Hold your horses. As it stand, Smiths bill would entrench prejudice and inequality in the law.
As I wrote earlier, there was a plan to endorse a postal plebiscite on Marriage Equality at the first LNP party room meeting August 8. But since then, campaigners and MPs supporting a free vote have stepped up their campaign, forcing opponents onto the back foot. The party room will now have two proposals before it: a postal plebiscite and a free vote on an LGBTI Marriage Bill drafted by Liberal Senator Dean Smith.
If Smith’s bill is not supported and granted a free vote, its supporters say they will vote with Labor to bring the bill into the House anyway. And to vote in its favour. This has got lots of people very excited about the possibility of “Marriage Equality next month”. Meanwhile Turnbull appears surprisingly relaxed about the possibility of members crossing the floor.
“A Liberal MP who supports same-sex marriage said he was “sure” his colleagues would interpret Mr Turnbull’s comments as permission to cross the floor.”
This has driven opponents into a frenzy, threatening to force a leadership spill.
As a group of moderate MPs called for a conscience vote on gay marriage as early as next week, senior Liberals told The Daily Telegraph they will move a spill motion on Mr Turnbull’s leadership if his government breaks its election promise and allows MPs to cross the floor in a vote on the issue.
The Right faction is lining up a ticket to replace Mr Turnbull, should this occur. Faction leaders said the most likely new leadership team would have Peter Dutton as leader, with Greg Hunt as deputy, rolling Foreign Minister Julie Bishop.
Marriage Equality campaigners and supporters are in a frenzy of their own, trumpeting that we could have marriage equality as early as next week. They are forgetting that if all the leaks and reports are accurate, Marriage Equality is not what’s on offer.
THIS IS A FALSE DAWN
As I wrote before the Bill is reportedly stuffed with special privileges not just for religious celebrants and clergy, but also secular celebrants and wedding service providers who have a ‘moral’ objection to equal marriage. Veteran advocate Rodney Croome pointed out that the LGBTI community has already set its face firmly against any further protection of religious privileges which might sanction discrimination against LGBTI couples.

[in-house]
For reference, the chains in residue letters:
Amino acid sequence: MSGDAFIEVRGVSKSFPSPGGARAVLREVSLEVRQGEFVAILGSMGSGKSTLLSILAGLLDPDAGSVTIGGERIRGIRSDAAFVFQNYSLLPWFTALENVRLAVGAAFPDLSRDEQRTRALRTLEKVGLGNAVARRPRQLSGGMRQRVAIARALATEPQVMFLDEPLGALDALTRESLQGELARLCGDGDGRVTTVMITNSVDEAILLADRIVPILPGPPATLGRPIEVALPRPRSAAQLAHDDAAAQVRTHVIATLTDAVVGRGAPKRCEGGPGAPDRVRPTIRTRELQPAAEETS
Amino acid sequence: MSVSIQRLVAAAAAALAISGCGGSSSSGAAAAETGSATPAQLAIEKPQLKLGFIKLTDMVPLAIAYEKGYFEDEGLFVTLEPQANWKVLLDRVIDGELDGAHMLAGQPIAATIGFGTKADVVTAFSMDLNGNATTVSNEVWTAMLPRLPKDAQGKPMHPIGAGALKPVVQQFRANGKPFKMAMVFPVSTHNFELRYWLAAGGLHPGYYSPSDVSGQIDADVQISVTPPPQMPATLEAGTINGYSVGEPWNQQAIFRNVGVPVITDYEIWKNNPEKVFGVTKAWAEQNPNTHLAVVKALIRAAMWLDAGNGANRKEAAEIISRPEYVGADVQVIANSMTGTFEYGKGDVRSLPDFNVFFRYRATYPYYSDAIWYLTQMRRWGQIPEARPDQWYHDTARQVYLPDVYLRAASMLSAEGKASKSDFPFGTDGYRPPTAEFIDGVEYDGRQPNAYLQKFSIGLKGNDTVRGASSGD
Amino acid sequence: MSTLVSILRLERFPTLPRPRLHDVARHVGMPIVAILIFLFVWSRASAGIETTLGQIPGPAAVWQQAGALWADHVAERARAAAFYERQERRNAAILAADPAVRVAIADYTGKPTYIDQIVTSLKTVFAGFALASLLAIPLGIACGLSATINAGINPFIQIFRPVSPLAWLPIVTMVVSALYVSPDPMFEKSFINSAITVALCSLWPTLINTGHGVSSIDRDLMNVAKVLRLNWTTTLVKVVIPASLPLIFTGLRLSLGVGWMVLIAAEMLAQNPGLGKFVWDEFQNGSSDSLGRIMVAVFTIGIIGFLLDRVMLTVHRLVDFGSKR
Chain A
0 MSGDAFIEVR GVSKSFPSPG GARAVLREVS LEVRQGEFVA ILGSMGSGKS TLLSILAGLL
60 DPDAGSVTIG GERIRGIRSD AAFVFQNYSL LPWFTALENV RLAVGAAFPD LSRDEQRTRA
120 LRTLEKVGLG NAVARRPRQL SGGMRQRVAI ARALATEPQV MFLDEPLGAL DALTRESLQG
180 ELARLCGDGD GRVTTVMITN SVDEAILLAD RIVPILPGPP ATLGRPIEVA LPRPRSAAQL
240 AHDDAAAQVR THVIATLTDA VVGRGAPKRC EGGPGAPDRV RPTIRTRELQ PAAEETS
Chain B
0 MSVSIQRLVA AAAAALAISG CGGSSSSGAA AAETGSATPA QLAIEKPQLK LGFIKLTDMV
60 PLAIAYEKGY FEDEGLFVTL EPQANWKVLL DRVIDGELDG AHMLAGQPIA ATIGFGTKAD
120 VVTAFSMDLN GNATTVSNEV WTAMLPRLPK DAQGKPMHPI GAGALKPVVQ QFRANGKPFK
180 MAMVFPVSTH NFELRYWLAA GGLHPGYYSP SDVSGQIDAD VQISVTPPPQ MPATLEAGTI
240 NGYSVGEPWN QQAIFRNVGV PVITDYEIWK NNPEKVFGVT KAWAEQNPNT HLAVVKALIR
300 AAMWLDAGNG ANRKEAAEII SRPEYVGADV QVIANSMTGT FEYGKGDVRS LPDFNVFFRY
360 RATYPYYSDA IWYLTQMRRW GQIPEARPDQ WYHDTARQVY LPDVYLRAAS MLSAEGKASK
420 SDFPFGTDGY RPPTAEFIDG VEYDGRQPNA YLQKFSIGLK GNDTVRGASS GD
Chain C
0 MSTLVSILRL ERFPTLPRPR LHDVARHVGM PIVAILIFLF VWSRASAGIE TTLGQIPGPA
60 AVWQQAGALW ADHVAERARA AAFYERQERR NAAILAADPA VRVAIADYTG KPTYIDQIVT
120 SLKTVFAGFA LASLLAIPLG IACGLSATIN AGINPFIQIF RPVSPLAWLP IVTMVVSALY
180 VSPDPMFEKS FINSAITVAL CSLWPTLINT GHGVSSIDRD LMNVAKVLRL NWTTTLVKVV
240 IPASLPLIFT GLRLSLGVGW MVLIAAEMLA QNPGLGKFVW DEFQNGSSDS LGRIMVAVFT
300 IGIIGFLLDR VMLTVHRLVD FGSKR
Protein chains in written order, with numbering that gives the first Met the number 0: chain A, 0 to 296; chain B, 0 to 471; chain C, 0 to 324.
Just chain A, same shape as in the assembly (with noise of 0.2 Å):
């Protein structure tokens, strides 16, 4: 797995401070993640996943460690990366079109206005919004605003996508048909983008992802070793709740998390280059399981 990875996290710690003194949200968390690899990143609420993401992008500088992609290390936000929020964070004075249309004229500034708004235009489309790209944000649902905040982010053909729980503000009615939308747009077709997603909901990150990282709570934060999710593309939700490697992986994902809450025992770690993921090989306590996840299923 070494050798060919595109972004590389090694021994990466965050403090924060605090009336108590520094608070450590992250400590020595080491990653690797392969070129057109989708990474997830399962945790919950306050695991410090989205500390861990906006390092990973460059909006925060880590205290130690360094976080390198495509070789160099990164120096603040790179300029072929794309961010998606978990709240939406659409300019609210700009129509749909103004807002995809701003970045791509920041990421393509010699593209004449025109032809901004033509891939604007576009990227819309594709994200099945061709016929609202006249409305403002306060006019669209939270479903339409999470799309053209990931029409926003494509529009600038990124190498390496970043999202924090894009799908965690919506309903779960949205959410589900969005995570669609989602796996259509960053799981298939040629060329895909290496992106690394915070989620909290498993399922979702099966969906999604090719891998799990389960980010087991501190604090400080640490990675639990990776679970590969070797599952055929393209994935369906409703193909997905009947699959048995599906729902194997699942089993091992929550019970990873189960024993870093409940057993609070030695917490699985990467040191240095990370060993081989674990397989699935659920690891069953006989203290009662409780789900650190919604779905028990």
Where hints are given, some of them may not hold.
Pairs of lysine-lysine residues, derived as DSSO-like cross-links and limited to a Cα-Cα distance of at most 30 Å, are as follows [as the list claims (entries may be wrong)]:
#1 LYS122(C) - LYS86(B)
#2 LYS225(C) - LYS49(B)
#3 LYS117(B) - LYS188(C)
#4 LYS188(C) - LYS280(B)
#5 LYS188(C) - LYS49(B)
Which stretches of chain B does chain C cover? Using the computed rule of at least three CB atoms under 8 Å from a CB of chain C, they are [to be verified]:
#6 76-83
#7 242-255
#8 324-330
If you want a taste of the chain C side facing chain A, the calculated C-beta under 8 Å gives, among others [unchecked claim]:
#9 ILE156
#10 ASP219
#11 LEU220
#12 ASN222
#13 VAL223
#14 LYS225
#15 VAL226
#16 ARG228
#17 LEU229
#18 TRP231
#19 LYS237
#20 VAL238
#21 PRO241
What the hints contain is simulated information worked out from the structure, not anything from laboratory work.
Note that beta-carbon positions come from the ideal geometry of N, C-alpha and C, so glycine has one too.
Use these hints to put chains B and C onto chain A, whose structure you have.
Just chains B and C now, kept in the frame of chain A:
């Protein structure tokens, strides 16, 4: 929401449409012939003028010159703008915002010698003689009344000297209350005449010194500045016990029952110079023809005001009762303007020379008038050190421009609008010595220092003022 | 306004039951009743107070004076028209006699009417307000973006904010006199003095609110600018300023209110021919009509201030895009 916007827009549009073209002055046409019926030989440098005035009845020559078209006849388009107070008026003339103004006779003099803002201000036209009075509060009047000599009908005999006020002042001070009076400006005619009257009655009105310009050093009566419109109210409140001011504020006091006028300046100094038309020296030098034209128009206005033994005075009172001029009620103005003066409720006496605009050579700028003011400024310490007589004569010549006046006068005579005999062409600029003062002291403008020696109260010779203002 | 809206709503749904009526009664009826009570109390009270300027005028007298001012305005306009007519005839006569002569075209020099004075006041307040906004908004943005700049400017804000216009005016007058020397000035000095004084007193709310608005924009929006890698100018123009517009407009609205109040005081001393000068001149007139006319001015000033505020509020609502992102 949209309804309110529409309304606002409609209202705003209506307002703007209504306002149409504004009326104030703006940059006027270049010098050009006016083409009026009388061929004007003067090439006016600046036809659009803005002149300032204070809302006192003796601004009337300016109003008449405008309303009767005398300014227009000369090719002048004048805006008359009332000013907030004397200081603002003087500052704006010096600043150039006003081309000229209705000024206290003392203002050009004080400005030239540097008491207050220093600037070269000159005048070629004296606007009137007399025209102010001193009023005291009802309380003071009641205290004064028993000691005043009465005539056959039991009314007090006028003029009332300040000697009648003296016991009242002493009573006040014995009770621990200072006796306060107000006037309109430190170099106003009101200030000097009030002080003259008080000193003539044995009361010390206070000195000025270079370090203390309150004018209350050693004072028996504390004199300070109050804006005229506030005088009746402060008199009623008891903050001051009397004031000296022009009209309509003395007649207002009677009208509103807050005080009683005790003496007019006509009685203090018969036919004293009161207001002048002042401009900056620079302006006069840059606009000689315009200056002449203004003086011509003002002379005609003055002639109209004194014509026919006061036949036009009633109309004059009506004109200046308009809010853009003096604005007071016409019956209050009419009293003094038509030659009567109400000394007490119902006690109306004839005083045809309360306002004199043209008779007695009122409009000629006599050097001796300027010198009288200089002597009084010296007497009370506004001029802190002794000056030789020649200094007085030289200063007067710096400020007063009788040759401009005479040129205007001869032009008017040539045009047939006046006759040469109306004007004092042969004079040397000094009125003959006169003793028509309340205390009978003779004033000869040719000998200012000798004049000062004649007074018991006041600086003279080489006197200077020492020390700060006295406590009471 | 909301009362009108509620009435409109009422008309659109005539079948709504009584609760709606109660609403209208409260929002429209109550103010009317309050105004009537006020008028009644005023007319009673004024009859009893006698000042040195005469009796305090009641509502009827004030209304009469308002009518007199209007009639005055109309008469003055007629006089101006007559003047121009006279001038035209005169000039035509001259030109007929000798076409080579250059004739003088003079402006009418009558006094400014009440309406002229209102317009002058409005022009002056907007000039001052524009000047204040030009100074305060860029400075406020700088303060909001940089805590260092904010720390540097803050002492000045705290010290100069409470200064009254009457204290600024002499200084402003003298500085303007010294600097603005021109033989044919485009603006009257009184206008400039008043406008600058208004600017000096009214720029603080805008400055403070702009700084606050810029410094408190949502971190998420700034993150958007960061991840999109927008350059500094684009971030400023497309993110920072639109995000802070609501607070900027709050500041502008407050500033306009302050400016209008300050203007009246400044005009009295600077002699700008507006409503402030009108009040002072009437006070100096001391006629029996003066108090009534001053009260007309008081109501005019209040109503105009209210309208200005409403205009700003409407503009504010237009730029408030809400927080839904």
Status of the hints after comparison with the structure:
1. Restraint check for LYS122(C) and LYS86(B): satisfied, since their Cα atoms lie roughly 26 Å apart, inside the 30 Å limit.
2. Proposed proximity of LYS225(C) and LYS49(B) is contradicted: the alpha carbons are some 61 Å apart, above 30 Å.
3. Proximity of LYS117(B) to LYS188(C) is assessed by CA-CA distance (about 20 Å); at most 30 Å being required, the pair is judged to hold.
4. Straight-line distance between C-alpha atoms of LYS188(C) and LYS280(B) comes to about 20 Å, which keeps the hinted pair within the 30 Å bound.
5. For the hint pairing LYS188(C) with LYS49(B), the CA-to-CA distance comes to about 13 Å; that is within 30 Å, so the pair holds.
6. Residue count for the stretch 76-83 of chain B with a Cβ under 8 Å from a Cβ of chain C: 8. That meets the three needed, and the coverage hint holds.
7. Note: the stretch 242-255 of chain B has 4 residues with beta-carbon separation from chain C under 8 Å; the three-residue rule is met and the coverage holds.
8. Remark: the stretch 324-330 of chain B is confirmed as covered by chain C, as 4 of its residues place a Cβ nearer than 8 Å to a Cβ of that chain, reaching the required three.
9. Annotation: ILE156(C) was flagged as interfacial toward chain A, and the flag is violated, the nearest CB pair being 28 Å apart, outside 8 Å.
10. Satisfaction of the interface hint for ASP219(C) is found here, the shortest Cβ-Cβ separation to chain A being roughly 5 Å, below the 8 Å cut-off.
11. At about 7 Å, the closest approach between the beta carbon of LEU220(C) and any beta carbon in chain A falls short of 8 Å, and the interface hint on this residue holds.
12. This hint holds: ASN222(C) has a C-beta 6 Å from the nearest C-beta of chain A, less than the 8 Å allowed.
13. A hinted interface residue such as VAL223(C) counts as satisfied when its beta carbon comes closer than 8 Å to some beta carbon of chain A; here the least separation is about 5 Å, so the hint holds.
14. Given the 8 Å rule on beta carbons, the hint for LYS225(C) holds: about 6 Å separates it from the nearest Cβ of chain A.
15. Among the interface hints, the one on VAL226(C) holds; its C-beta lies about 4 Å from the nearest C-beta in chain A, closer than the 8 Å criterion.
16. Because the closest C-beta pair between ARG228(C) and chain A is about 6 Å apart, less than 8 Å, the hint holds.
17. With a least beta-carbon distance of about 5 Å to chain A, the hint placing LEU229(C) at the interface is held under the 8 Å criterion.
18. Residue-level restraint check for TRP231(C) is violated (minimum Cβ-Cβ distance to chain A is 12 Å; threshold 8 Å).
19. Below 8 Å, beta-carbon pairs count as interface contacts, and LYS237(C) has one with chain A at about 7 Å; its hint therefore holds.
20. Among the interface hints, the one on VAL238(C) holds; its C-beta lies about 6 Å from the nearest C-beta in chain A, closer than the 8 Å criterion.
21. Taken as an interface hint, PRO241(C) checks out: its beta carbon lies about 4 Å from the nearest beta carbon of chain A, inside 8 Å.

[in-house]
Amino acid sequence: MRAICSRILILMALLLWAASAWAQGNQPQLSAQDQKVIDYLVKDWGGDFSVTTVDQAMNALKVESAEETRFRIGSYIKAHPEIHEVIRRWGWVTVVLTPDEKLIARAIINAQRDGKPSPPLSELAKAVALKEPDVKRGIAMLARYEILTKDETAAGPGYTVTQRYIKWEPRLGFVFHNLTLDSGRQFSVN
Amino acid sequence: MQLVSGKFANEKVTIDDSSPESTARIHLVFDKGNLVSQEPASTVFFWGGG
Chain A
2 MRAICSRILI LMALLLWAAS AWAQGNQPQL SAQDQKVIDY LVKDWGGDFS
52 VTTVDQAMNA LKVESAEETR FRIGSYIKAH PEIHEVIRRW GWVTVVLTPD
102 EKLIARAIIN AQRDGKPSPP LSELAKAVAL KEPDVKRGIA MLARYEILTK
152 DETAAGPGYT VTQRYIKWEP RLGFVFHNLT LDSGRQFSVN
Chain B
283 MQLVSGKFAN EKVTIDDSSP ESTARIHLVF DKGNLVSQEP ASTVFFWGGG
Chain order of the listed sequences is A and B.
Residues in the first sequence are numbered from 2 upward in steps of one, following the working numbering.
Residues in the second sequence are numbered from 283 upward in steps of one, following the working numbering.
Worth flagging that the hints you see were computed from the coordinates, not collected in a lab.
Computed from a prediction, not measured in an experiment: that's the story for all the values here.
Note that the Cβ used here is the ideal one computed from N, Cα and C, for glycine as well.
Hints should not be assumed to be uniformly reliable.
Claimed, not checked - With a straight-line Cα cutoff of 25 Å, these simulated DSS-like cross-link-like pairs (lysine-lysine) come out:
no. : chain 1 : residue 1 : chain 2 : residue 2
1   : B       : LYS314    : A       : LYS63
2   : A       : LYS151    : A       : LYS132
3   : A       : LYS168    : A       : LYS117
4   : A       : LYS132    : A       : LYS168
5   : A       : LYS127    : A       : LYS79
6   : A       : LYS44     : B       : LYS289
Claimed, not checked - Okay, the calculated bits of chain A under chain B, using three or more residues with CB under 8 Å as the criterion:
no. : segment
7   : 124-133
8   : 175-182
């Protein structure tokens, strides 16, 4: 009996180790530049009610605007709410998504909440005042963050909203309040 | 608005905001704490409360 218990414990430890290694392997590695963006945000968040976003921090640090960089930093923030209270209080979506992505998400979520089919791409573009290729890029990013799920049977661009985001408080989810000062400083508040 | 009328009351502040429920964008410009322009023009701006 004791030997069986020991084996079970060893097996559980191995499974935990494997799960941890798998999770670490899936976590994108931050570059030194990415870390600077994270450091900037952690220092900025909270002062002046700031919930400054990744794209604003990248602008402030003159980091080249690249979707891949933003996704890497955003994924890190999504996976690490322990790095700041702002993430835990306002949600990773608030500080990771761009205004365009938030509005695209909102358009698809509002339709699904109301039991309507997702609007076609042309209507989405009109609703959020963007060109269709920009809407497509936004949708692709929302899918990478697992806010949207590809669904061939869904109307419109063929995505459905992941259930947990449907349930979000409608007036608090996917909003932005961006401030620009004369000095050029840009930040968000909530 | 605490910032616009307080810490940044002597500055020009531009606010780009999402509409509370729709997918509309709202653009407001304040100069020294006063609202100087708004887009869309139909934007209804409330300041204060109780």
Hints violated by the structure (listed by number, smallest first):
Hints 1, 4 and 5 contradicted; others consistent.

“Earlier this year the largest survey of the LGBTI community ever conducted found overwhelming opposition to exemptions allowing discrimination against marrying same-sex couples even if it means marriage equality is delayed.”
He also expressed concern that community advocates are not involved in the drafting of the bill, especially in relation to religious “protections”, and called for immediate access to the draft by LGBTI community representatives.
“The LGBTI community must be consulted and its assent sought to any exemptions that go beyond what already exist, and now is the perfect time to do this. If the battle in 2016 over a plebiscite taught us anything it is that the path to marriage equality should not isolate, target or disadvantage the LGBTI community and that our community should be central to the process.”
Another notable blogger and LGBTI rights advocate, Alastair Lawrie, expresses similar concerns
Does the Bill treat LGBTI-inclusive couples exactly the same as cisgender heterosexual couples, or will it introduce new special rights for civil celebrants and/or other wedding-related businesses to discriminate against us?
From my perspective… whether we should accept legislation that includes these types of ‘religious exceptions’, comes down to this simple test:
Will it treat LGBTI couples in the future differently from, and worse than, divorced people seeking to get (re-)married today?
He concludes that:
… because civil ceremonies under the Marriage Act are secular, rather than religious, in nature, there is no need to provide civil celebrants with the right to reject divorced people on the basis of their personal religious beliefs.
We’ve waited long enough for genuine marriage equality. We shouldn’t settle, or be forced to settle, for marriage discrimination.
We should hold off on cutting the celebratory wedding cakes until we know exactly what is in the substance of any Bill, including any religious exceptions it may contain.
EXEMPTIONS NOW REDUNDANT ANYWAY
I agree. The only point – and it was always a dubious one – of these privileges and exemptions was to win over ‘religious’ opponents in the LNP. That argument has clearly failed. If our opponents are prepared to go as far as threatening Turnbull’s leadership if he green lights floor crossing, there is longer any need for ‘exemptions’. They must go.
A bill stuffed with permissions to ignore anti-discrimination laws would write anti-LGBTI discrimination into law, creating Marriage Apartheid. Second Class Marriage. It would also create a dangerous legal precedent: that it’s OK to ignore laws that don’t square with your conscience. The religious right could drive a B-Double through any future progressive legislation, such as a Bill Of Rights, using it as a precedent. They must not be handed this dangerous weapon.
PERFECT V GOOD
Some marriage equality supporters, weary of the long fight, say we should let the ‘exemptions’, through, and work on removing them later. Don’t let the perfect drive out the good, they say.
This is not a case of letting the perfect drive out the good: it is a case of standing firm against a bad and dangerous proposal which would not even deliver what we are fighting for. As I have always said, this is not about Marriage. It’s about Equality. And unless all these exemptions are removed, Smiths bill would entrench Inequality in Law.